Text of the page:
Thousands of Haitians fleeing from U.S. to Canada (Aug. 4, 2017)
Canadian authorities are struggling with waves of asylum seekers crossing the U.S. border -- most are Haitians afraid that the Trump administration will soon end a program that enables them to stay in the U.S.
As many as 150 migrants a day are making “irregular” border crossings from northern New York state into Quebec near the border station at Lacolle, and 70 percent of them are Haitians, reports the Washington Post. About 1,500 asylum seekers arrived this July, up from 180 last year, reports the New York Times, which says 90 percent are Haitians. A Miami Herald source estimates that about half of the 6,500 asylum seekers who have arrived since January are Haitian.
Quebec authorities have set up a makeshift temporary shelter in Montreal’s Olympic Stadium and is putting asylum seekers in student dormitories, shuttered nursing homes and hotels.
There has been an increase in asylum seekers crossing the border since U.S. President Donald Trump took office in January, but the initial flow was migrants from sub-Saharan Africa and countries named in Trump’s temporary ban on travelers from several Muslim-majority states. The influx of Haitians is more recent.
The Temporary Protected Status for Haitians is set to end in January, and would affect an estimated 58,000 Haitians who were permitted to stay in the U.S. in the wake of the 2010 earthquake that devastated their home country.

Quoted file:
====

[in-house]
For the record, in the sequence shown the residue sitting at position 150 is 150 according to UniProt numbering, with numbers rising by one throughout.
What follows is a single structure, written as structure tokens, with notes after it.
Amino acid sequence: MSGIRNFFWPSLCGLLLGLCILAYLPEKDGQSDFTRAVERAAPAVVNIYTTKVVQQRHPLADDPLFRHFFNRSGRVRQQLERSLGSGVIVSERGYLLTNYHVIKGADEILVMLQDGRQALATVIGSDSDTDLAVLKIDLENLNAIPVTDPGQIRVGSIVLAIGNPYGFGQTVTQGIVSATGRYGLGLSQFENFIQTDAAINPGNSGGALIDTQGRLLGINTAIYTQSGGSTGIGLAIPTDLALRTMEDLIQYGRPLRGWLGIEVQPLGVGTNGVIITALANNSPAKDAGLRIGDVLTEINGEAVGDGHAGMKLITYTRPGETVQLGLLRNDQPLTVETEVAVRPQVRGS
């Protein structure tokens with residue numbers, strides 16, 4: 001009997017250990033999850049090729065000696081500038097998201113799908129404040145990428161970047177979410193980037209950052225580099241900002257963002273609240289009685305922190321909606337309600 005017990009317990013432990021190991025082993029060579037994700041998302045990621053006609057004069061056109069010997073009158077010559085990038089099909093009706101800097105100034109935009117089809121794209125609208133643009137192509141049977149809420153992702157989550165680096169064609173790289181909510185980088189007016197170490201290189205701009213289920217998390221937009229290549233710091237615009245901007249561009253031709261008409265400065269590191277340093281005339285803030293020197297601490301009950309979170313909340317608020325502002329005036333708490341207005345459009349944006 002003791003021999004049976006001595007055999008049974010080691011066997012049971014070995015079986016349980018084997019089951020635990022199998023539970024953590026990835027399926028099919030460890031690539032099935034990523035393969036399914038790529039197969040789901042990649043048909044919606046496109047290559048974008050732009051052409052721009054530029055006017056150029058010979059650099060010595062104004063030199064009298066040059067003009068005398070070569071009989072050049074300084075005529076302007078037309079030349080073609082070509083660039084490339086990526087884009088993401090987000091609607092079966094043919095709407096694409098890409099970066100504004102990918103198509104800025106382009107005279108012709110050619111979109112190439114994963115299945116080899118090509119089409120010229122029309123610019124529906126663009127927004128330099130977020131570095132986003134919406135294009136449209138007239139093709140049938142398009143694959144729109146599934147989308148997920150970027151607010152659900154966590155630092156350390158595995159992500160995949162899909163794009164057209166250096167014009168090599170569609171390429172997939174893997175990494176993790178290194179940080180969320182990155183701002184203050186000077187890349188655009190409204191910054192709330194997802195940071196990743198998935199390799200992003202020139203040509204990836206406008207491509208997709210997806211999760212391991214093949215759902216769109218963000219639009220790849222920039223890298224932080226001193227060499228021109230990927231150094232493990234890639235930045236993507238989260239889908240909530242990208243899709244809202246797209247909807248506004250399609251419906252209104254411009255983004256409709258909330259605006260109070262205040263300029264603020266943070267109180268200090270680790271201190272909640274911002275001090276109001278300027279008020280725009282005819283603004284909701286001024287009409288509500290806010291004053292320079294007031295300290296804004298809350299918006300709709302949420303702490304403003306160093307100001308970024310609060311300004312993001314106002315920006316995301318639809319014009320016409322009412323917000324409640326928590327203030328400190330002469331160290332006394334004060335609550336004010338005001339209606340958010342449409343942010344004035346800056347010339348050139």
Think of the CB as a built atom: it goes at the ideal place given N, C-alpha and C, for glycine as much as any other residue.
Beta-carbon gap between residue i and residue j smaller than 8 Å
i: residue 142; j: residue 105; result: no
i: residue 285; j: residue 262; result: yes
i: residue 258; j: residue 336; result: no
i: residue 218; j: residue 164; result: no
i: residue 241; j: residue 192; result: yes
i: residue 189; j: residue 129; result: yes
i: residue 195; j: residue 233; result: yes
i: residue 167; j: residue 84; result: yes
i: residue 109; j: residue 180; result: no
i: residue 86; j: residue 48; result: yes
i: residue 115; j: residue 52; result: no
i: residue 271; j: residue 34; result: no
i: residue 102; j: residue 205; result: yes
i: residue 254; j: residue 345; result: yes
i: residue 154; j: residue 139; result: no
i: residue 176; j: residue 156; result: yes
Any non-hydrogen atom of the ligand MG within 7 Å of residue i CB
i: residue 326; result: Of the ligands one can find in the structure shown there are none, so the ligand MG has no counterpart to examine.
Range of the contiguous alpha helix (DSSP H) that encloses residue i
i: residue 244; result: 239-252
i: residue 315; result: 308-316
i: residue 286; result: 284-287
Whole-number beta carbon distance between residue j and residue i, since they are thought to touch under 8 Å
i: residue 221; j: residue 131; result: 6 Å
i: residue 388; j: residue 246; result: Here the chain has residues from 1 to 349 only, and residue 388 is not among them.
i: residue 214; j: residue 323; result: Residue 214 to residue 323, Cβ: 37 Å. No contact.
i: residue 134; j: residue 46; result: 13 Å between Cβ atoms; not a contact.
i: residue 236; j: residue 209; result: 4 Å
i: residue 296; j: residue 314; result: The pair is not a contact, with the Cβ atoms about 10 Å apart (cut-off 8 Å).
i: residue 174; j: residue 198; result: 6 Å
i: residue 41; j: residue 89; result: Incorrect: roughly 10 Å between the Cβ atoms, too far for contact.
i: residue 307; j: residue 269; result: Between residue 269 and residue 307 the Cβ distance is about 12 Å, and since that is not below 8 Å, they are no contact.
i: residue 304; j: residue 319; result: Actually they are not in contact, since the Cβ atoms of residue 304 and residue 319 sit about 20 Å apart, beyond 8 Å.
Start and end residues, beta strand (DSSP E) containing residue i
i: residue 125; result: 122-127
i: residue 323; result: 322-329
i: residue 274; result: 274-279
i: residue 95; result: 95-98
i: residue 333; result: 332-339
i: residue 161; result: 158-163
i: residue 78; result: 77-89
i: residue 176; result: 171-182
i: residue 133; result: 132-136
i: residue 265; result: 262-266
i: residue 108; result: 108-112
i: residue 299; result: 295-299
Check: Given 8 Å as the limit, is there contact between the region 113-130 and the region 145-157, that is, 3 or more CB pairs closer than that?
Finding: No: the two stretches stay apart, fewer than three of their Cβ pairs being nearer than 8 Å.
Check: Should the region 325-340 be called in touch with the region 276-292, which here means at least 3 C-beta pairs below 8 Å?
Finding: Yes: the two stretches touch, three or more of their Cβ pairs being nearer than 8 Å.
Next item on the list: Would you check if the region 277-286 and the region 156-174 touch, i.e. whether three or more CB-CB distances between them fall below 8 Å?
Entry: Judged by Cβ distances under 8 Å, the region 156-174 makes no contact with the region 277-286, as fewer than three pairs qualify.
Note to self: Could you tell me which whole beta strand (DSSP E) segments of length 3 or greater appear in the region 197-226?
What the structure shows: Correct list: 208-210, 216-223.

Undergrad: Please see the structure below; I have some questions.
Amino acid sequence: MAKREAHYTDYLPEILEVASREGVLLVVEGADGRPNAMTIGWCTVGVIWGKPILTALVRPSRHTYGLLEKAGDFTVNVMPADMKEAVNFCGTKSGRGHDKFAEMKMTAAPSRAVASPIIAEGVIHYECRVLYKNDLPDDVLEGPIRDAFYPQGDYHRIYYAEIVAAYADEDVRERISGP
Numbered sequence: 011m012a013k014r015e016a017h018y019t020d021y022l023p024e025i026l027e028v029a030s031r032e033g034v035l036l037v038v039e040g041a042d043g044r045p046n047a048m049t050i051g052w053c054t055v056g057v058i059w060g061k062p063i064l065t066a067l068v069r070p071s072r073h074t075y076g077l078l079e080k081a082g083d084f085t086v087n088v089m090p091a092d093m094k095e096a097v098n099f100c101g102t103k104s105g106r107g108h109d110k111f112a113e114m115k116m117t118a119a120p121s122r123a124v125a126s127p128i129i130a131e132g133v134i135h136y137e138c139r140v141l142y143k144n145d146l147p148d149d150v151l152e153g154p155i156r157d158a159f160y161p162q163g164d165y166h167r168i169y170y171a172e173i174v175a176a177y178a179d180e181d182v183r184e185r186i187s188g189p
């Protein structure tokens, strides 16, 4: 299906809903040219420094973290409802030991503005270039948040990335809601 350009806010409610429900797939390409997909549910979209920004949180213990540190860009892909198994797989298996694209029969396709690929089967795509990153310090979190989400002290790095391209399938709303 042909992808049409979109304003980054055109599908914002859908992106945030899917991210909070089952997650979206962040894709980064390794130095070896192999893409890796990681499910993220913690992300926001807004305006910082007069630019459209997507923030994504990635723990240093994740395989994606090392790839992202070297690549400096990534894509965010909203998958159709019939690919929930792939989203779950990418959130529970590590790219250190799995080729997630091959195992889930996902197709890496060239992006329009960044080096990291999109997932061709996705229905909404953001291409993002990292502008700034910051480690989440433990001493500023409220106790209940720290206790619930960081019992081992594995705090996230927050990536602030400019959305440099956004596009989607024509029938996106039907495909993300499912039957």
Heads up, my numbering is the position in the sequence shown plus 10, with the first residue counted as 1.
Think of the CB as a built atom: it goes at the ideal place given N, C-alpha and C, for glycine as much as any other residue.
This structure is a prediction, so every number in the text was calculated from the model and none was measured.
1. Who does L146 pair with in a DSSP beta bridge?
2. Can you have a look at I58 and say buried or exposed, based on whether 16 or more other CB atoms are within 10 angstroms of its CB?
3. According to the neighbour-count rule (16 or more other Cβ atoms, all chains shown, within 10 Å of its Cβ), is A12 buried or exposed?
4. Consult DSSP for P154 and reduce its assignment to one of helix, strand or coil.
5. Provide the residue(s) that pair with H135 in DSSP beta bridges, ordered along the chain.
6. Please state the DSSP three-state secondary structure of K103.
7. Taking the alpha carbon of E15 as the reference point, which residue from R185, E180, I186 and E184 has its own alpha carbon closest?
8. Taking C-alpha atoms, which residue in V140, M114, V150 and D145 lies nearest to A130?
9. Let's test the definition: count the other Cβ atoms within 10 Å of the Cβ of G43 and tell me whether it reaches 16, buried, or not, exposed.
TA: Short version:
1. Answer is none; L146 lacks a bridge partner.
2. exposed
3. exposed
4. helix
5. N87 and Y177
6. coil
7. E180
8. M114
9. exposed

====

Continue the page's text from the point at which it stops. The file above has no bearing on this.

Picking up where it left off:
U.S. officials have argued that conditions on the ground have improved enough to justify ending the program, though human rights advocates have fiercely questioned that stance. Though the U.S. could revise the end date of the program, earlier this year John Kelly — then secretary of the Department of Homeland Security, now White House chief of staff -- told Haitians to prepare to return home. (See May 23's and June 2's briefs, for example.)
Jailed Venezuelan opposition leader Antonio Ledezma was returned to house arrest today, reports the BBC. His wife said he was returned by intelligence agents, just as he had been suddenly taken to military prison in the middle of the night earlier this week. Another prominent opposition leader, Leopoldo López was also rearrested on Tuesday. (See Tuesday's post.)
The 545-member Constitutional Assembly is expected to convene today to begin work on rewriting Venezuela's constitution. The government still hasn't announced the names of all the members, and how they will proceed about their work is not yet clear, reports the New York Times. "But if there is one thing that seems to unite them, it is a will to stifle political dissent." There have been threats of jailing dissenting voices, and of possibly dismantling the opposition-led National Assembly.